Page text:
QUESTION: China's been critical of our treatment of asylum seekers recently, making reflections about our human rights record. Is this an opportunity for you to have that discussion with China, or is this just about trade?

PRIME MINISTER: This is a trade delegation, but obviously in a strong and robust relationship it's possible for people to raise all sorts of subjects. My understanding is that the Chinese observations about our policies on border protection took place as part of the human rights dialogue which we regularly have with China and we have some observations from time to time about things in their country, they from time to time have observations about things in our country and that's fair enough. That's exactly why this human rights dialogue was established. But I think all of us want to strengthen the overall relationship. I think that the overall relationship is in very good shape. I think it is good and getting better and it's in both country's overwhelming interest to further strengthen the trade and investment and economic relationship and that's what this is all about.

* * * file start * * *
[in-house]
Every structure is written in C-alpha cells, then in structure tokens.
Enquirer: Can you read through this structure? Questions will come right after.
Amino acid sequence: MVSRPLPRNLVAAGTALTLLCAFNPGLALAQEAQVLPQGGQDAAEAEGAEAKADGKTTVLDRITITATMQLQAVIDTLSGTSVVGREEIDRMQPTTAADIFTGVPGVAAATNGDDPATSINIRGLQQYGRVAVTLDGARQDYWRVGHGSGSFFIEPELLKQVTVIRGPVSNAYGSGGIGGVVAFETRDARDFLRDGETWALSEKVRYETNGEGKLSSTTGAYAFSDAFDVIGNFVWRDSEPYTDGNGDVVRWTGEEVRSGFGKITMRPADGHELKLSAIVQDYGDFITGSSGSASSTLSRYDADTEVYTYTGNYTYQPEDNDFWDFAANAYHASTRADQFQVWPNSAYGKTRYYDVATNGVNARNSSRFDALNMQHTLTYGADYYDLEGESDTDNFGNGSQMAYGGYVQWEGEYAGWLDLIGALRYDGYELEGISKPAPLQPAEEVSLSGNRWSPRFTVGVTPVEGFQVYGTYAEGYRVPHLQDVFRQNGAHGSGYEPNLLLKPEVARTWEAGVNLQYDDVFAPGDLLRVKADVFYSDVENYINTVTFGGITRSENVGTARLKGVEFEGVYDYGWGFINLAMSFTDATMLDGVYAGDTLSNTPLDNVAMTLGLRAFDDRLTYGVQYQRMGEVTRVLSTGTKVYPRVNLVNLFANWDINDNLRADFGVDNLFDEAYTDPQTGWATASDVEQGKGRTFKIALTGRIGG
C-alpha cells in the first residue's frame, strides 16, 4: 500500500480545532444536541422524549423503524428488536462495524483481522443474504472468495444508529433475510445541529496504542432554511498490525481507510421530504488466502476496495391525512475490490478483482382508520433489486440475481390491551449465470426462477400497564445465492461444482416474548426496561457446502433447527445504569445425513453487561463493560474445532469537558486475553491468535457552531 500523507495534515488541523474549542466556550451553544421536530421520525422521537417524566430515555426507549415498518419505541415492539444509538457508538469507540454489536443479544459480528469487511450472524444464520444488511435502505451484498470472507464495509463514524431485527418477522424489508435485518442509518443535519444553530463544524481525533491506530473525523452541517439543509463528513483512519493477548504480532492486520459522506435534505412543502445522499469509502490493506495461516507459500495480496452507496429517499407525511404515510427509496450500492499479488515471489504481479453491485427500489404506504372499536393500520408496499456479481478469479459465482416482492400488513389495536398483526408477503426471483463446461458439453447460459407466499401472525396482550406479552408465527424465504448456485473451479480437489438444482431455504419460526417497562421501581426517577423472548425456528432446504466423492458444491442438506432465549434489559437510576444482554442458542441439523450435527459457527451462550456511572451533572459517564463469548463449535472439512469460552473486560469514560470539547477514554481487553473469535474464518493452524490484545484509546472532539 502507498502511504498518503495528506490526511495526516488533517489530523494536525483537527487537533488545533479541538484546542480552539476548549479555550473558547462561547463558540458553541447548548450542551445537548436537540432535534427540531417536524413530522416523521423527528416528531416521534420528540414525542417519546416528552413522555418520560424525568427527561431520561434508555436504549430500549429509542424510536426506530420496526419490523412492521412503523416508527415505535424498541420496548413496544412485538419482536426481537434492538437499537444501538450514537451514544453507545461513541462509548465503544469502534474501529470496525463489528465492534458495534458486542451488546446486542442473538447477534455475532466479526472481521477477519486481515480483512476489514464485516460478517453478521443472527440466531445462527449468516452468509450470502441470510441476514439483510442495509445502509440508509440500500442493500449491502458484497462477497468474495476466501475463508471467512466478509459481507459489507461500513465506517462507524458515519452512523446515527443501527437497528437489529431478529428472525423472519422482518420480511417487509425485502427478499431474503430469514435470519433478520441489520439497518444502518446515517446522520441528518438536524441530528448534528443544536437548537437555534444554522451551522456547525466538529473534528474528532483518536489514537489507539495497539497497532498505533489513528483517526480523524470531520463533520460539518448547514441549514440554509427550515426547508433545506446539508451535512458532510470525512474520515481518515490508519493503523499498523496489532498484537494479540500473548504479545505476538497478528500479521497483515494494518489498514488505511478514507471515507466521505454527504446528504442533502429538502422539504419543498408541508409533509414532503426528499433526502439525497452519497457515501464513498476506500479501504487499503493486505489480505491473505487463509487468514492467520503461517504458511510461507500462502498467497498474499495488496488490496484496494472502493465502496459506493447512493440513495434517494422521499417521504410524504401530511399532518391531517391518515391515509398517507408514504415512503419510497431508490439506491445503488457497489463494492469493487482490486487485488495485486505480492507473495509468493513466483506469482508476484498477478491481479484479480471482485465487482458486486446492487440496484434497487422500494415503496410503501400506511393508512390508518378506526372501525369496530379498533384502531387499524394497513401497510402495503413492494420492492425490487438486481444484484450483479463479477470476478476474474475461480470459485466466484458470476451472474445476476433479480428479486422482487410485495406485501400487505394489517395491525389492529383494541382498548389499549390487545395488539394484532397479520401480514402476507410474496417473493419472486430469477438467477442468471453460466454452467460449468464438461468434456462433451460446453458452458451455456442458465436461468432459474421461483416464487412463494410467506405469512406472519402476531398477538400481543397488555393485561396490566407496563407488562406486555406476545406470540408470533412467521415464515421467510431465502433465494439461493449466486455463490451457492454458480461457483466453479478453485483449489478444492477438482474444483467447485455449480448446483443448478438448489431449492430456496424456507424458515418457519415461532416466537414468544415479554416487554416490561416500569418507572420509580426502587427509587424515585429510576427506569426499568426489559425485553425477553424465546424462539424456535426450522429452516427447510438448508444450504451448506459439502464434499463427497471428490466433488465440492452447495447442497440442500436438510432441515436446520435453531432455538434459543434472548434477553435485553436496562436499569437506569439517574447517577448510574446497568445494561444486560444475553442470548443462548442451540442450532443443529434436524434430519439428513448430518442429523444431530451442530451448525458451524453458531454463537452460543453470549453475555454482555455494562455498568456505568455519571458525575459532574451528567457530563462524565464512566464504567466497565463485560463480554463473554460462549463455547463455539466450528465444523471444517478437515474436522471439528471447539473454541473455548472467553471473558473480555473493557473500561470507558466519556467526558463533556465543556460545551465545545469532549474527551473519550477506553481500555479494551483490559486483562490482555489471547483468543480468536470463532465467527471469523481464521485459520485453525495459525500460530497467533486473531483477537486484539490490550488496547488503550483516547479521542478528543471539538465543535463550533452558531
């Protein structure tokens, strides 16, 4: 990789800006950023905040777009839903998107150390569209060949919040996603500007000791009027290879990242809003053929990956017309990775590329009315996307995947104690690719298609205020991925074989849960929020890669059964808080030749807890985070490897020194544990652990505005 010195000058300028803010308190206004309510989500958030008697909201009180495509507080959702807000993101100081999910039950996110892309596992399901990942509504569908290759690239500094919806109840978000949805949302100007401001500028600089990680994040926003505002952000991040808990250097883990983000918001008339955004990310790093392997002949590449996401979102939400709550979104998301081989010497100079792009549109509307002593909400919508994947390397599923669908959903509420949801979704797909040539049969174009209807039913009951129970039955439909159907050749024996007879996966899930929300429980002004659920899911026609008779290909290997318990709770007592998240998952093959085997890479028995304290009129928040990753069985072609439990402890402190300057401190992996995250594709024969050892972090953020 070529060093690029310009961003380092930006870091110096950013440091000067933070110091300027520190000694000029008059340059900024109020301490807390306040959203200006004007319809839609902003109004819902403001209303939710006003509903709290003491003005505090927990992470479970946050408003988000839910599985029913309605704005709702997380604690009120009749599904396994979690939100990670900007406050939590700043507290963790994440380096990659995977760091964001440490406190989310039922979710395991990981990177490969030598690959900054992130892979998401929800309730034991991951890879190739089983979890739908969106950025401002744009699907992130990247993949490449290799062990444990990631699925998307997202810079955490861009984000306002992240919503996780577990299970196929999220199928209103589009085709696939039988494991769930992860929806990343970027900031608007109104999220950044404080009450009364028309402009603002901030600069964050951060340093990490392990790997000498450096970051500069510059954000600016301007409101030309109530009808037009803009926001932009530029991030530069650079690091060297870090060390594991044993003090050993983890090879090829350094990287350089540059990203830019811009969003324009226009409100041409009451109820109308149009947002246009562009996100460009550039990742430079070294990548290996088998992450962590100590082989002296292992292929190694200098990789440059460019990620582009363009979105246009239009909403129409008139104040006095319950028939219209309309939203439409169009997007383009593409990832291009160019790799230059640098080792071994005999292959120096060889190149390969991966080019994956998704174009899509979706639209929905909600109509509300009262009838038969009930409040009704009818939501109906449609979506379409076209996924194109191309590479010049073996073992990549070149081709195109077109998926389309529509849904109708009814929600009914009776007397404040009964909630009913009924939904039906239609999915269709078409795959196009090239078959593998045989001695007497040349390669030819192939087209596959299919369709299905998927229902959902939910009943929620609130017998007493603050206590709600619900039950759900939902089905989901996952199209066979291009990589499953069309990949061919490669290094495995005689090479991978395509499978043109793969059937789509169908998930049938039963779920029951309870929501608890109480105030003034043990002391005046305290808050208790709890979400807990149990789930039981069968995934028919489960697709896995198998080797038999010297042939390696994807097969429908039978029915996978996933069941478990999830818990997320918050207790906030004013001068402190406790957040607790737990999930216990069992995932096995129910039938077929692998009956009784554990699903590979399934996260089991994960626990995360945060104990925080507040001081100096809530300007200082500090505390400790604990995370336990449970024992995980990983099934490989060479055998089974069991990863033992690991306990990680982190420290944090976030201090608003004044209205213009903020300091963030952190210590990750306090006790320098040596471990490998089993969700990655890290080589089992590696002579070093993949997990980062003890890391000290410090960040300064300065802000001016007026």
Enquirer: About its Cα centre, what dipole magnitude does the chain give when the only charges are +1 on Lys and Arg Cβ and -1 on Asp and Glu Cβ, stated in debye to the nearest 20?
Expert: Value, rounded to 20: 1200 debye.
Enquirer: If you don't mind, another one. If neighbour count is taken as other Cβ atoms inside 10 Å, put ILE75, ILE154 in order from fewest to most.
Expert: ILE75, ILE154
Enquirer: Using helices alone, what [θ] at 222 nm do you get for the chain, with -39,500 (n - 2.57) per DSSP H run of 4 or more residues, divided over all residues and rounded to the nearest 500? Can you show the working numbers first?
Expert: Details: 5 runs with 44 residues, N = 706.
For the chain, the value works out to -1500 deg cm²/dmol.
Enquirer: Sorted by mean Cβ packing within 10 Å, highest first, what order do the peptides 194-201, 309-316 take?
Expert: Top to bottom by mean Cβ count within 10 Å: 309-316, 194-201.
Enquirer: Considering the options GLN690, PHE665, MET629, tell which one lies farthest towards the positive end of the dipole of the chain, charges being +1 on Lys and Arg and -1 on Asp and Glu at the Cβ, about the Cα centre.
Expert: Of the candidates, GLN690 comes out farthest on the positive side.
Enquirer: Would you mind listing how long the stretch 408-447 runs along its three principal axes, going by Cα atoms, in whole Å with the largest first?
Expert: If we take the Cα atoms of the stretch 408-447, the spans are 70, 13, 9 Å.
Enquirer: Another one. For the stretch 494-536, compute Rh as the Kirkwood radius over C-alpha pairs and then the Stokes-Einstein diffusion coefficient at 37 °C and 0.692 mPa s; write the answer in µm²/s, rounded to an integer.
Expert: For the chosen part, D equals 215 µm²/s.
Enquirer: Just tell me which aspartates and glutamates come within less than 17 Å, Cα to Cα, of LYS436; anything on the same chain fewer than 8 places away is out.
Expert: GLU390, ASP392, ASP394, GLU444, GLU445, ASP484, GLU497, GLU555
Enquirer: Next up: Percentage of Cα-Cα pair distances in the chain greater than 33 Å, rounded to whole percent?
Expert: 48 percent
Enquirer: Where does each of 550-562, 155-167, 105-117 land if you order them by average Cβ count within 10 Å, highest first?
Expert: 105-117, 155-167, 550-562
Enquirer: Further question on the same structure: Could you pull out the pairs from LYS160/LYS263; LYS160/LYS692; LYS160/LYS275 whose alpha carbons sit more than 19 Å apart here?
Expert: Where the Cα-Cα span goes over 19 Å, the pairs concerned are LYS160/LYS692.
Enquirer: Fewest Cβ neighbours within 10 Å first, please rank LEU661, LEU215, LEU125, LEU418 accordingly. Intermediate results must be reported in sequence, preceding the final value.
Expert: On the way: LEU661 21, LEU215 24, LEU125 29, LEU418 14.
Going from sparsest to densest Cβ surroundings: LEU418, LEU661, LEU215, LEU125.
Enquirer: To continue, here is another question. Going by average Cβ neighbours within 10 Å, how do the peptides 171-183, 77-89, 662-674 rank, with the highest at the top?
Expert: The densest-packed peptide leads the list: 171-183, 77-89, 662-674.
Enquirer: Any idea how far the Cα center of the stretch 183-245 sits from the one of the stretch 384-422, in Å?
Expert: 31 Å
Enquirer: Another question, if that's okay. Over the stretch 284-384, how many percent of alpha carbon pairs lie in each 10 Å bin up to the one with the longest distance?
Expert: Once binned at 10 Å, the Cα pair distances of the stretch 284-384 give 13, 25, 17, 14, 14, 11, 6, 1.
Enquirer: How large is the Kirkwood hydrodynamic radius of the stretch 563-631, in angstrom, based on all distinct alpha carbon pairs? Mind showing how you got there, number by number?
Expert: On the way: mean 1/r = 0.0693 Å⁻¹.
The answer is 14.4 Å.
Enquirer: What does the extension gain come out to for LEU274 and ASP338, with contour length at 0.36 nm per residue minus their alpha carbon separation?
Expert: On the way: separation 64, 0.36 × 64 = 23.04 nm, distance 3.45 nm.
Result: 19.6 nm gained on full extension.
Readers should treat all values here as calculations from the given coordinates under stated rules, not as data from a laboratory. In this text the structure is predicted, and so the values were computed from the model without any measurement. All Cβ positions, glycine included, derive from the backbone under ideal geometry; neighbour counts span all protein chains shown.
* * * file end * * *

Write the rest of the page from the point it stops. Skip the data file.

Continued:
QUESTION: Are you and Joe Hockey at odds over what to do about Qantas given his previous support for the debt guarantee?